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Domonique Walker ’09

After finding her voice in the 11th grade, Newark Public Schools Choir Director Domonique Walker ’09 had to catch up with peers whose vocal training began in childhood. But when she discovered her love for education, she knew she was in the right place at exactly the right time.

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There was a time when a Walker family gathering would not be complete without a special presentation written, choreographed and performed by Domonique Walker ’09 and her siblings. “As long as I can remember I enjoyed everything about entertainment – singing, dancing, acting, musical theater – anything to do with the performing arts,” Walker tells us. “I performed in school talent and variety shows too, and even had a solo part in one of the holiday shows. When I wasn’t involved in a school performance or putting on a show for family and friends, I was singing to myself.”

Even though Walker continued to participate in choral programs in high school, the idea of a career in the arts didn’t occur to her until the 11th grade, when she had to decide her future plans post high school. After watching her favorite film Sister Act 2: Back in the Habit, featuring singer-songwriter, actress and producer Lauryn Hill, it was then she reached her epiphany. “Until then I had been very involved in sports,” she says. “I played soccer, basketball and softball. I saw Sister Act 2. After the movie, Lauryn Hill released an album a few years later, and I was inspired to become a vocalist.”

Walker auditioned for a spot at a local vocal studio. “Vocal teachers are selective in accepting students,” she explains. “And I would need professional training to prepare for a college-level audition.”

The vocal teacher saw Walker’s potential for classical training in opera and took her on as a student. Walker’s path to a college-level voice audition would present extra challenges, however, as most vocalists begin lessons at a much earlier age. “I was late to the game,” she says. “I would have to find a college that would accept me with relatively little training.”

Walker’s talent and drive earned her seats in multiple performing arts programs, but she chose Montclair. “I fell in love with the campus, and with the program,” she says. “My dream at this point was to perform, and to open my own music school.”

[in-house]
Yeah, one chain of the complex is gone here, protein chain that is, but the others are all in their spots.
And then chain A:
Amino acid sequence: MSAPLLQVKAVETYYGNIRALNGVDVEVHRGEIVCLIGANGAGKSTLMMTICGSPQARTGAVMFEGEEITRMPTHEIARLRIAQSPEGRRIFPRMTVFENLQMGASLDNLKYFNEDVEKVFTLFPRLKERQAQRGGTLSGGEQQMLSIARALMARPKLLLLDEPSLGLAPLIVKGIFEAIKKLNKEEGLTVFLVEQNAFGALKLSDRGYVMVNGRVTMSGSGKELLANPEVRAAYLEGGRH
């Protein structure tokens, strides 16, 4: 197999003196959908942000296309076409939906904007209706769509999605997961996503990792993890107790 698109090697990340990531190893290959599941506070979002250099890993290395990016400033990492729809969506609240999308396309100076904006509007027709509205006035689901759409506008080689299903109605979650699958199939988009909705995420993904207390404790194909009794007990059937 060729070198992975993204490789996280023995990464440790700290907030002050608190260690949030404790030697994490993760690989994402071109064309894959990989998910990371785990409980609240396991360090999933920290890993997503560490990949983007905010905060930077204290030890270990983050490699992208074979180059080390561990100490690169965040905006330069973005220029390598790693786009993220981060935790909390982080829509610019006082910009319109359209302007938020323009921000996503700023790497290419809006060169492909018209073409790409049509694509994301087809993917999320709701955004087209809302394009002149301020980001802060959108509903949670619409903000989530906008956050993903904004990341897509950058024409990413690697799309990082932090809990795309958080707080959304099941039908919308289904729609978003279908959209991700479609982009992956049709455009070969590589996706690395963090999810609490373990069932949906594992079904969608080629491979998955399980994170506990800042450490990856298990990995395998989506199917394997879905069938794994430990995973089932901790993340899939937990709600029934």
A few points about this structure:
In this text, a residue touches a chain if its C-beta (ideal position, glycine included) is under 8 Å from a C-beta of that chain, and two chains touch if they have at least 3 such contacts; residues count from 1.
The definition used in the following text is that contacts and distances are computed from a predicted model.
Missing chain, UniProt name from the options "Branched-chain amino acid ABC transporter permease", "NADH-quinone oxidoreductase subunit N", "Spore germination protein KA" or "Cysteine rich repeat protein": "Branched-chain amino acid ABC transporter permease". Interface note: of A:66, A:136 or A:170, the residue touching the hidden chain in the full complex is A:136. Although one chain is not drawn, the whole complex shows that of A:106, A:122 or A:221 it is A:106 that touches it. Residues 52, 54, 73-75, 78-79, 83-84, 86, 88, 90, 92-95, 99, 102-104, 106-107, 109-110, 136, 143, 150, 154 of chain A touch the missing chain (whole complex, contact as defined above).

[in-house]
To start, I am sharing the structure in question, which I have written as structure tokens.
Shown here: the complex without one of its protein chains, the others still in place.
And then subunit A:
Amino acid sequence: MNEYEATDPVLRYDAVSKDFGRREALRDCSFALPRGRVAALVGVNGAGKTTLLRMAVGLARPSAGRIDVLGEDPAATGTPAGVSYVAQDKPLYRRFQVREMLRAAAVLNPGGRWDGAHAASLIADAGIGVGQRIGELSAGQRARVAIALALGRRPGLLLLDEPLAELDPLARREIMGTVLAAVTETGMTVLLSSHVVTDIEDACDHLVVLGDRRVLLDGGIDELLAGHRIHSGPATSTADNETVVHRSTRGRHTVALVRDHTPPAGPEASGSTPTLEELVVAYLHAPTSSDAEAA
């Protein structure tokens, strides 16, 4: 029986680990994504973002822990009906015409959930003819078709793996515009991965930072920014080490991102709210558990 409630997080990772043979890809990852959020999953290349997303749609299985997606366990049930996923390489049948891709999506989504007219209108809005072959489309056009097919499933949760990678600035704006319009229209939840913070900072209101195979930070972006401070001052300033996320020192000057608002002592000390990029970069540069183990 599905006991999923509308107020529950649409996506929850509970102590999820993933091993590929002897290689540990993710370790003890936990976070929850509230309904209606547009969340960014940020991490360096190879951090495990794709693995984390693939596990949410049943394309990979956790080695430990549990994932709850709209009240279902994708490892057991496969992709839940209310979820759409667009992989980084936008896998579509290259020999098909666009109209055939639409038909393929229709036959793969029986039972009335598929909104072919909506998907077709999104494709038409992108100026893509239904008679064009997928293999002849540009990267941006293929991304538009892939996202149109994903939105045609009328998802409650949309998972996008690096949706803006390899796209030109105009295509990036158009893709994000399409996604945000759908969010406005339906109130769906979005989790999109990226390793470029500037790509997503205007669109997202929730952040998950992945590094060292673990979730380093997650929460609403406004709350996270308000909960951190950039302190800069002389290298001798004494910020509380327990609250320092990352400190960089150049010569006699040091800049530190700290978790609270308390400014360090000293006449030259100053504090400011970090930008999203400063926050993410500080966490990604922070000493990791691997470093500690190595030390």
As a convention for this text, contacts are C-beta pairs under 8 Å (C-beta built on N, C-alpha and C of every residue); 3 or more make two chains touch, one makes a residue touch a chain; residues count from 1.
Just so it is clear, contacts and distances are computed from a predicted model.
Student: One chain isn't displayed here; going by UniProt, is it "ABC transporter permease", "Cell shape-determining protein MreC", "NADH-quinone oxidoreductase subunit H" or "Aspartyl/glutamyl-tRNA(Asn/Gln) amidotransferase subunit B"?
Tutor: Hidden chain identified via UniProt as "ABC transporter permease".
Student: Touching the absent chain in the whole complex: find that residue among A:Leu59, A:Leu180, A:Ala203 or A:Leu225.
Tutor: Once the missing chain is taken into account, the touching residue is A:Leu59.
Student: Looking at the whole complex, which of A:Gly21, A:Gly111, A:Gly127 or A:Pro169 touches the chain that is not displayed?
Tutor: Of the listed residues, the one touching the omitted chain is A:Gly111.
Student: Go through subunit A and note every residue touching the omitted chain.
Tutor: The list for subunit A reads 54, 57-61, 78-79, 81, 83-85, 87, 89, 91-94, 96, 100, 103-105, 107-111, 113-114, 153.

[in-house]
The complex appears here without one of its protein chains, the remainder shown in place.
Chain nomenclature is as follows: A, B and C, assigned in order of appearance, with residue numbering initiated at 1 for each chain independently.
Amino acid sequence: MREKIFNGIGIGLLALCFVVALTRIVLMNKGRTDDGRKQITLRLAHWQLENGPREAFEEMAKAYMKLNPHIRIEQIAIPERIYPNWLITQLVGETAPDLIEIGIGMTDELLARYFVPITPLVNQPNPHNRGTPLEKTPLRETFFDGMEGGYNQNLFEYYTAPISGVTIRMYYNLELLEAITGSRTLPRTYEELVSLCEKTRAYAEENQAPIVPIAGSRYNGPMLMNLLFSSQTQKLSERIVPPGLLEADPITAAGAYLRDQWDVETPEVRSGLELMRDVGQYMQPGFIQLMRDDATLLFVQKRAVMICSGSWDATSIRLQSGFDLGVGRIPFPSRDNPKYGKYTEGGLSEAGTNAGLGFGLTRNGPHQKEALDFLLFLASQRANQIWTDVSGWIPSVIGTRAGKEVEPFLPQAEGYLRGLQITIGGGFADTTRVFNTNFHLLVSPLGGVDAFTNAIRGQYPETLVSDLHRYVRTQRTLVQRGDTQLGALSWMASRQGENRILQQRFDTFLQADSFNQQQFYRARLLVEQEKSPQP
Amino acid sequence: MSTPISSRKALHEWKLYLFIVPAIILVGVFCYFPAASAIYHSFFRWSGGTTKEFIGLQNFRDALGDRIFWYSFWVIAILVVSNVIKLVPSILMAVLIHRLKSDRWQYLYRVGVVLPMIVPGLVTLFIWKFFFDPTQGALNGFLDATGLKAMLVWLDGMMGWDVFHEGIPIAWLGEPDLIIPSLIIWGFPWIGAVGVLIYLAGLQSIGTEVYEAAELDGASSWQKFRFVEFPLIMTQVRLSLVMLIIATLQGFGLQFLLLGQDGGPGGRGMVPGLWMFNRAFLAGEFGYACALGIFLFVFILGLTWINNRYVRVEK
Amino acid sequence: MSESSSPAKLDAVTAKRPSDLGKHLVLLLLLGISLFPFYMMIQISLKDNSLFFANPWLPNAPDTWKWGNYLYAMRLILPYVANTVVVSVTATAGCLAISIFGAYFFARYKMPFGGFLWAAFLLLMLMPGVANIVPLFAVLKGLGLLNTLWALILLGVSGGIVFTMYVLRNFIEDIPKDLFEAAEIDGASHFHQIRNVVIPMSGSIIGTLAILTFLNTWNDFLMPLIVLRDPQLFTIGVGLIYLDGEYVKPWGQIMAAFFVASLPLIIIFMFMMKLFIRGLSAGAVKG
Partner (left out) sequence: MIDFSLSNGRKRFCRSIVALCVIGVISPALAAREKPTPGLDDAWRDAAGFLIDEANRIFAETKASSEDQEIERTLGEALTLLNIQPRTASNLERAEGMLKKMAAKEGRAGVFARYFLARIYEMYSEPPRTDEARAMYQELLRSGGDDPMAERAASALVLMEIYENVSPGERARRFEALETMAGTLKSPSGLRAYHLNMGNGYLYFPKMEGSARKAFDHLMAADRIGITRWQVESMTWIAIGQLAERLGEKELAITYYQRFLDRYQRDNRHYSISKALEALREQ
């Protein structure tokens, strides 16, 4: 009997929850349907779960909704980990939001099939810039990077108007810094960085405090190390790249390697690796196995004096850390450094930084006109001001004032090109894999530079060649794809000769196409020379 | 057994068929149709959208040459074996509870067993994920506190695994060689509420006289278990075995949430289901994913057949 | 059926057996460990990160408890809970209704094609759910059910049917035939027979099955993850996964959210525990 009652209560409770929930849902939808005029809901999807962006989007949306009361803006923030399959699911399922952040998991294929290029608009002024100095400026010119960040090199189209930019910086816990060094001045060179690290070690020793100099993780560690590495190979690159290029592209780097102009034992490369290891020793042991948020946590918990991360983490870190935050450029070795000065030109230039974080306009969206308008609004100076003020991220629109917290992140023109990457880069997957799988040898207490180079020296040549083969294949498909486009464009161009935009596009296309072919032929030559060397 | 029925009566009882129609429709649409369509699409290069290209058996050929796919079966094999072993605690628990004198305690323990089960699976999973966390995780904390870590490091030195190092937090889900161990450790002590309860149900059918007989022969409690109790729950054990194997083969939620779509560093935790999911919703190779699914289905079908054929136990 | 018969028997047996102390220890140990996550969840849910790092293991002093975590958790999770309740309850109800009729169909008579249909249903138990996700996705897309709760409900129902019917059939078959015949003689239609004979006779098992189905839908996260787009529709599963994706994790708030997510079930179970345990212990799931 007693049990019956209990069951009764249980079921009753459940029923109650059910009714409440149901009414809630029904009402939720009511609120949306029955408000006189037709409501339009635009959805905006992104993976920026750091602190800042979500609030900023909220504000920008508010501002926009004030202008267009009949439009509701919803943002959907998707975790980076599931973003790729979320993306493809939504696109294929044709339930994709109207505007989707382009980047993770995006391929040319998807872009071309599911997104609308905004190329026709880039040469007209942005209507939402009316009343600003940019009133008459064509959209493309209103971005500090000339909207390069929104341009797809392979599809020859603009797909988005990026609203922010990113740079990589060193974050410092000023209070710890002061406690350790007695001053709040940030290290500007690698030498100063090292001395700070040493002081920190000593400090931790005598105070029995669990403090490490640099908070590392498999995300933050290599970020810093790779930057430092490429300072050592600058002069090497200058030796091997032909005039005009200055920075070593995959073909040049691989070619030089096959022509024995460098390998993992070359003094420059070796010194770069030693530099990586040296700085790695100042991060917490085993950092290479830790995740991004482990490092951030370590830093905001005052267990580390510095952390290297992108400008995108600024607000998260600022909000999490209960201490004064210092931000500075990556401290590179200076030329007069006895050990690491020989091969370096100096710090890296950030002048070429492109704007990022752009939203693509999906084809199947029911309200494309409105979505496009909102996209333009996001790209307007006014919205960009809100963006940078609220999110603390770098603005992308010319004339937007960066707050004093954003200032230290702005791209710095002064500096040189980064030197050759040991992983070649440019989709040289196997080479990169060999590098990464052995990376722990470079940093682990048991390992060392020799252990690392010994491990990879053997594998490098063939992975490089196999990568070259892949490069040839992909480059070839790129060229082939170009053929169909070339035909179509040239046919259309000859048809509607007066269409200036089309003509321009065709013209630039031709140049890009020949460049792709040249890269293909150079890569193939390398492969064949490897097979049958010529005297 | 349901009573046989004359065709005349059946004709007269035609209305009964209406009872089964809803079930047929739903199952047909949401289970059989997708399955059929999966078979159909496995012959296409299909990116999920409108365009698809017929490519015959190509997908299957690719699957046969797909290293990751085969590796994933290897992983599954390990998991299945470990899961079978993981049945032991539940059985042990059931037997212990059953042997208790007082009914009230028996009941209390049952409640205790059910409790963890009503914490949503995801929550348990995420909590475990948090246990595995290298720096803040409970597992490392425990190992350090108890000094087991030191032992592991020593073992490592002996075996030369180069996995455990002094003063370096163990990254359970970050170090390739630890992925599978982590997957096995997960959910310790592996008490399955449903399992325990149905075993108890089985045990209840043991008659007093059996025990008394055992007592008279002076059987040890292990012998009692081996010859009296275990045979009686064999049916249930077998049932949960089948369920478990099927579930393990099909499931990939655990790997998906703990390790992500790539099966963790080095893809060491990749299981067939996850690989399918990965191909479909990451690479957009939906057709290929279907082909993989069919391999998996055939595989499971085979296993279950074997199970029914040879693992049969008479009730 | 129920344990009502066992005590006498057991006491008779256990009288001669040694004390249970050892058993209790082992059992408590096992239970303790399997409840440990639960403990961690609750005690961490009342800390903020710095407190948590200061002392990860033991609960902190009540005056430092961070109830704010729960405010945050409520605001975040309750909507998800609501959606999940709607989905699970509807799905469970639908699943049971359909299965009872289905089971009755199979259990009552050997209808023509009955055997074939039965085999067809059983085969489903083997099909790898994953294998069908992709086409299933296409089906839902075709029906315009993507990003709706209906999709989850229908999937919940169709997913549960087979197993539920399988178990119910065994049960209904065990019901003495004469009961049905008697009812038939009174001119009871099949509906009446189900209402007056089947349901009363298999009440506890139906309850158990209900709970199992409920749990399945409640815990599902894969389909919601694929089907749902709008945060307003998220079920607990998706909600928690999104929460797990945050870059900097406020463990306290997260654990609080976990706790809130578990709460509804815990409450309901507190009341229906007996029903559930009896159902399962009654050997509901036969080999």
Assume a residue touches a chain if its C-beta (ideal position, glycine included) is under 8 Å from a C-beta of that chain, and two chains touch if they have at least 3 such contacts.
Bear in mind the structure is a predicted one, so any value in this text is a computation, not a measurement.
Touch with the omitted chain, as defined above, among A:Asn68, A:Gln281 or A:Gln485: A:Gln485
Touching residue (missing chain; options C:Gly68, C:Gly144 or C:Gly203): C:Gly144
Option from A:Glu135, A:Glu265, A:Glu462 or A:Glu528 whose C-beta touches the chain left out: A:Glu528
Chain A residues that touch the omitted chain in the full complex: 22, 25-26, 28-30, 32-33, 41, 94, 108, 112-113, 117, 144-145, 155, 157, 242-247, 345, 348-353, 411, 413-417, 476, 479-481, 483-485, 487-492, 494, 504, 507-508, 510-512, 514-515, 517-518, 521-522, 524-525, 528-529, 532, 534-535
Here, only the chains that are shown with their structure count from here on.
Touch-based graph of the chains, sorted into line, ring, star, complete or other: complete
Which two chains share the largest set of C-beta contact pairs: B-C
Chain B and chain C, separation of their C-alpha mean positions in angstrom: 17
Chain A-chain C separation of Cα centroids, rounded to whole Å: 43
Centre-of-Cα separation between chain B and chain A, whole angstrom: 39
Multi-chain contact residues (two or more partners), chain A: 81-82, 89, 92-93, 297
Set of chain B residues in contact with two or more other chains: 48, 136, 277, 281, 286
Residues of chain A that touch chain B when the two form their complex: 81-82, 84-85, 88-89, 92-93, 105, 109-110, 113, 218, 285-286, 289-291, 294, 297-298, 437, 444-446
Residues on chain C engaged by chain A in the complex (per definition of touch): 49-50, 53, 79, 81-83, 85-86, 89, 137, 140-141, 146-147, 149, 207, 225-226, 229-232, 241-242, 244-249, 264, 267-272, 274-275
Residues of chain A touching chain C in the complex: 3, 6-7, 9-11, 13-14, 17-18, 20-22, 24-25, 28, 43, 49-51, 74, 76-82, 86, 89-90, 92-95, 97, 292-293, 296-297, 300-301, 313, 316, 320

Walker excelled in her vocal training – she was selected to open a spring studio showcase with “Summertime” from Porgy and Bess – and brought her high energy to the Montclair University Singers. In addition to roles as a resident assistant and desk assistant, she became a member of Delta Sigma Theta Sorority, Inc. and the Organization of Students for African Unity (OSAU), serving as cultural affairs event coordinator and later as president. She even assisted in starting a successful dance troupe on campus.

When Walker began the education portion of her degree, she realized her true calling. “I love children, and I love educating people,” she says. “I went into the program thinking I was preparing to open my own school, and then I did my practicum in the Newark Public School system. That’s when I knew where I was headed.”

“For my first professional role I joined Robert Treat Academy Charter School in Newark,” Walker continues, “because they gave me an opportunity to build a music program from the ground up. My students won several competitions, performed for many dignitaries, appeared on local television as well as on stage at the prestigious Radio City Music Hall in NYC. Twelve years later I moved to the Newark Public School System and now I am working at American History High School for the same reason – the opportunity to launch a start-up choral program.”

At Montclair, Walker is helping to build the Black Alumni Advisory Council. “The group is focused on mentoring students and building school pride,” she says, adding that she is co-chair of the Council’s engagement committee. “It means a lot to students to see alumni come back to campus, and to know that we support them and the University.”

Walker is particularly proud of Montclair’s outreach programs and efforts to partner with schools in Newark and Paterson. “Dr. Heather Buchanan, the University’s director of Choral Activities, has a youth program for vocalists,” she points out. “What a great way to encourage young artists, and to help them transition to college.”

Recently, Walker came across notes from one of her Montclair classes. “The professor encouraged us to articulate a philosophy as an educator,” she says. “Mine revolved around creating a safe and fun environment where children will feel confident to find the talent within.”

Now nearly 15 years into her career, Walker remains committed to this philosophy. “I don’t always know what will reach students,” she says. “I have to be creative.”

And she has been teaching long enough to hear from former students. “I get such nice notes from them,” she says. “They reignite the flame.”